Some love stories get tested early in the relationship. When Las Vegas bartender Rob Mooberry started feeling extremely unwell, his girlfriend Amanda Mutchler, who was working at the same place – the Cosmopolitan Hotel & Casino as a waitress, and he were together for less than six months. After months of going to numerous doctors who could not immediately find the cause, the worst news came – Rob was diagnosed with stage IV terminal colorectal (colon) cancer.
The couple stuck together and even got married two days before Rob started treatment. The journey was tough. Rob’s cancer spread to his colon, bladder, and lymph nodes.
Rob went through hell with surgery, radiation, and chemotherapy. But it was the holistic changes that he implemented that he considers to be the tipping point that brought him back to health.
This year, Rob will be on his fourth year of being cancer-free, and besides being married to Amanda, the married couple now has twins.
Rob’s Cancer Journey from Mainstream to Holistic
Rob knew something was seriously wrong when he lost 60 pounds in a year. While most doctors could not find an answer, he went to a surgeon who was planning to perform an exploratory surgery to see what is going on.
“I could have never prepared myself for the nightmare that followed,” he said.
The surgery found a fist-sized tumor and diagnosed Rob with terminal cancer, which spread to other organs. He was told he only had a few weeks left to live.
Rob went through chemotherapy but according to The Way We Met, it did not stop his cancer.
At this time both he and Amanda decided it was time to drastically change their lifestyles. They both went vegan, started researching medicinal herbs, and even did coffee enemas for detoxification.
The couple researched going to an alternative cancer treatment center in Mexico, but not having enough money, they did what they could at home. Cutting out all meat and dairy, as well as sugar and acidic food, they were left with a raw vegan diet, high in nutrients and antioxidants that help the body fight disease.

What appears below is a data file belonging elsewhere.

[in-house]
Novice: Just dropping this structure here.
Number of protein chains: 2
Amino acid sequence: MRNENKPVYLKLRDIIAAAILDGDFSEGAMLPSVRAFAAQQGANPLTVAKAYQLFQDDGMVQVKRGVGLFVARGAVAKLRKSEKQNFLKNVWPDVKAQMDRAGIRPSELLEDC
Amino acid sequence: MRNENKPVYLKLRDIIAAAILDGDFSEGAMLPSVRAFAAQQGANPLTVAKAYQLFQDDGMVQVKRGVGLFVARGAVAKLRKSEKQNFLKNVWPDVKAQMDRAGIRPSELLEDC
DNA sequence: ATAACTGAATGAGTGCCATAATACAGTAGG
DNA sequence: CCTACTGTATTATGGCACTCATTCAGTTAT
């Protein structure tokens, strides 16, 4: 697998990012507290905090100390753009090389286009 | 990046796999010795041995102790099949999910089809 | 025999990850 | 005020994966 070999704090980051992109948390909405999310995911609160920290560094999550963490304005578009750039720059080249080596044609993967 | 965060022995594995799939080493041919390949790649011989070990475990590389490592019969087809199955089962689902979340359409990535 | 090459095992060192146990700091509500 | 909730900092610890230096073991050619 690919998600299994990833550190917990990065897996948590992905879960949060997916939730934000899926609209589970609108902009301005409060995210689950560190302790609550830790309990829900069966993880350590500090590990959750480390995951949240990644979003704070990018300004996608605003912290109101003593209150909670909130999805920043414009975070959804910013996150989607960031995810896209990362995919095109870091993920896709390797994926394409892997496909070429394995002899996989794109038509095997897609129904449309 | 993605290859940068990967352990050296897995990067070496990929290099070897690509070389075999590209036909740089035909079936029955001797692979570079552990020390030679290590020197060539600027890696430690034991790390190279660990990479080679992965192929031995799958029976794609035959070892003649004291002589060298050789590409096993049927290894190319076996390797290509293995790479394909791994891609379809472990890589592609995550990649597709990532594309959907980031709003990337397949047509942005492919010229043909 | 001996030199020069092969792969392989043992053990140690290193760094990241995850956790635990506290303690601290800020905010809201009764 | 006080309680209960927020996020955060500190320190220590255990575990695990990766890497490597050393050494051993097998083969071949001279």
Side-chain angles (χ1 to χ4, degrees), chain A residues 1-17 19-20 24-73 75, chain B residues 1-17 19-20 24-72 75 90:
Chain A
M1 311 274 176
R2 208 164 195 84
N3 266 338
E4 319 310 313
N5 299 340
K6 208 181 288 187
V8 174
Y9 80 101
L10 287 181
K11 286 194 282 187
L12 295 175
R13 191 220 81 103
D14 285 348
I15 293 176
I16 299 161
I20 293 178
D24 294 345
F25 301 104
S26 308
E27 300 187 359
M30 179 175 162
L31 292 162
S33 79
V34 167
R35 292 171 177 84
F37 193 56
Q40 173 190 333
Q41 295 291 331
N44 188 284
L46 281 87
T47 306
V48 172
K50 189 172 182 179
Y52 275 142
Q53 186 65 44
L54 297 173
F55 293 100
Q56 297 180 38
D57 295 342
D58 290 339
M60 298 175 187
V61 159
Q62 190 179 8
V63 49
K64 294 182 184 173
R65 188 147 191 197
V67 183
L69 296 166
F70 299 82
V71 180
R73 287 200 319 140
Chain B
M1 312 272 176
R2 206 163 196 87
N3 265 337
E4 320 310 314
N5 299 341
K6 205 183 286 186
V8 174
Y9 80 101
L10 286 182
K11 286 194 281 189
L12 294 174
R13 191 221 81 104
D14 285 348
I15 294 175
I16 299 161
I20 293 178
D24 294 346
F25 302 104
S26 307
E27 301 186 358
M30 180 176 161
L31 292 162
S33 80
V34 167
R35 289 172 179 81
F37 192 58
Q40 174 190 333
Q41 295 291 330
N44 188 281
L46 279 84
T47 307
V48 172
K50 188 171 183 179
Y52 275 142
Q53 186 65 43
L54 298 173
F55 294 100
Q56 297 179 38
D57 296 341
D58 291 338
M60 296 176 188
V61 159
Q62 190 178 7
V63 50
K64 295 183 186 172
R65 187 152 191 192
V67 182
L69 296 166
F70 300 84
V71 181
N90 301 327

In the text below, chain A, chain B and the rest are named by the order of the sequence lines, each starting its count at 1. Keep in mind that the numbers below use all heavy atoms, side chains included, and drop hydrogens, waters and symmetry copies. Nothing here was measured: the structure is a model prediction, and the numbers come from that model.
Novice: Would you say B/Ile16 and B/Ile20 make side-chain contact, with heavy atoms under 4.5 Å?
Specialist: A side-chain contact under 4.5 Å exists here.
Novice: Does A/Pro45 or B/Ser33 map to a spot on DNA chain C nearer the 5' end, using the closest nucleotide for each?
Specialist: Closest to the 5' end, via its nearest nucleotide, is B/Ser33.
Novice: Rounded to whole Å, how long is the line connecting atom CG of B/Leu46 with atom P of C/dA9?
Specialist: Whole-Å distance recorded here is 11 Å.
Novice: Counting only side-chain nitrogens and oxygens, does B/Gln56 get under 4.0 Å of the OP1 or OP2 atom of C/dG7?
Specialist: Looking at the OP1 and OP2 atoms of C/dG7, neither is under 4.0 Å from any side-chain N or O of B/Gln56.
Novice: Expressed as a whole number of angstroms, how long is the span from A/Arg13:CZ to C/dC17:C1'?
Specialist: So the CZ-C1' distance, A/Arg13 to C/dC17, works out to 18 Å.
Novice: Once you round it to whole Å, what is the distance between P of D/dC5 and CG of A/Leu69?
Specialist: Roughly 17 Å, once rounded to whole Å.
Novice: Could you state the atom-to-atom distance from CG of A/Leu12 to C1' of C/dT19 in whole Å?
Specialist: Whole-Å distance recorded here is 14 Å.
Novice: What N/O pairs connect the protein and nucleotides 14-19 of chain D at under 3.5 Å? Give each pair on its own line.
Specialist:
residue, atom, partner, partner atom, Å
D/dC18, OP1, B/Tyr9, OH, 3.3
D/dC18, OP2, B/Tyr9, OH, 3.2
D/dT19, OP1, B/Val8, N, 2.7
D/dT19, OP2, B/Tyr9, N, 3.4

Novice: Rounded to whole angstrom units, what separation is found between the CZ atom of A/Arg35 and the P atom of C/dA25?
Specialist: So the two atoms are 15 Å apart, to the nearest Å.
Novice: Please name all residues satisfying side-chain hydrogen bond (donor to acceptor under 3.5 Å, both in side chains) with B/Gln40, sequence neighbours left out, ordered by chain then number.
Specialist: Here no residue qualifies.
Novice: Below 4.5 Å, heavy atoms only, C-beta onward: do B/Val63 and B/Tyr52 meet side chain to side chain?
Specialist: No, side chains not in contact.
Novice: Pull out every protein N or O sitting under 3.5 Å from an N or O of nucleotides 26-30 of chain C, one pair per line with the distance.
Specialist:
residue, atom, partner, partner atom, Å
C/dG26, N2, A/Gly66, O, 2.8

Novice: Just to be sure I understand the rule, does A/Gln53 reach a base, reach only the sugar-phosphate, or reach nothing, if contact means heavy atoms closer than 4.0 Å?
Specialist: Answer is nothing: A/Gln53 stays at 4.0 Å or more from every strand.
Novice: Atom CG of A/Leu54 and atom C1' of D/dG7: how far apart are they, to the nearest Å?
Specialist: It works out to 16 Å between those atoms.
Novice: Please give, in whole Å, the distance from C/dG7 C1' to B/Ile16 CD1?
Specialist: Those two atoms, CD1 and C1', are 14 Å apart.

Three weeks after their lifestyle shift, Rob’s cancer was 80% gone, and by December 2014 there was no signs of cancer in his body.
“Incredibly, we beat cancer,” the couple said.
Rob is not trying to advocate what he did for other people – every cancer story is different. Neither is he trying to suggest that everyone goes vegan. But for him, it worked.
“I’m not standing on my soap box saying everyone needs to go plant-based and vegan. But if you’re going to ask me what worked for me, I’ll tell you: this diet,” he said.
Rob and Amanda’s love story and their perseverance against a health tragedy inspired country music star Tim McGraw, who shared the story with his legions of fans on Facebook.
Watch a short video summarizing this incredible story set with McGraw’s music as background:
#TheRestOfOurLifeFor more great stories like this follow The Way We Met. Submit your story and it could be featured! Send us your story about how you met here: http://TheRestOfOurLife.comGet “The Rest Of Our Life” now here: http://smarturl.it/TheRestOfOurLife
Posted by Tim McGraw on Sunday, December 10, 2017
Can the Right Vegan Diet Prevent and Fight Cancer?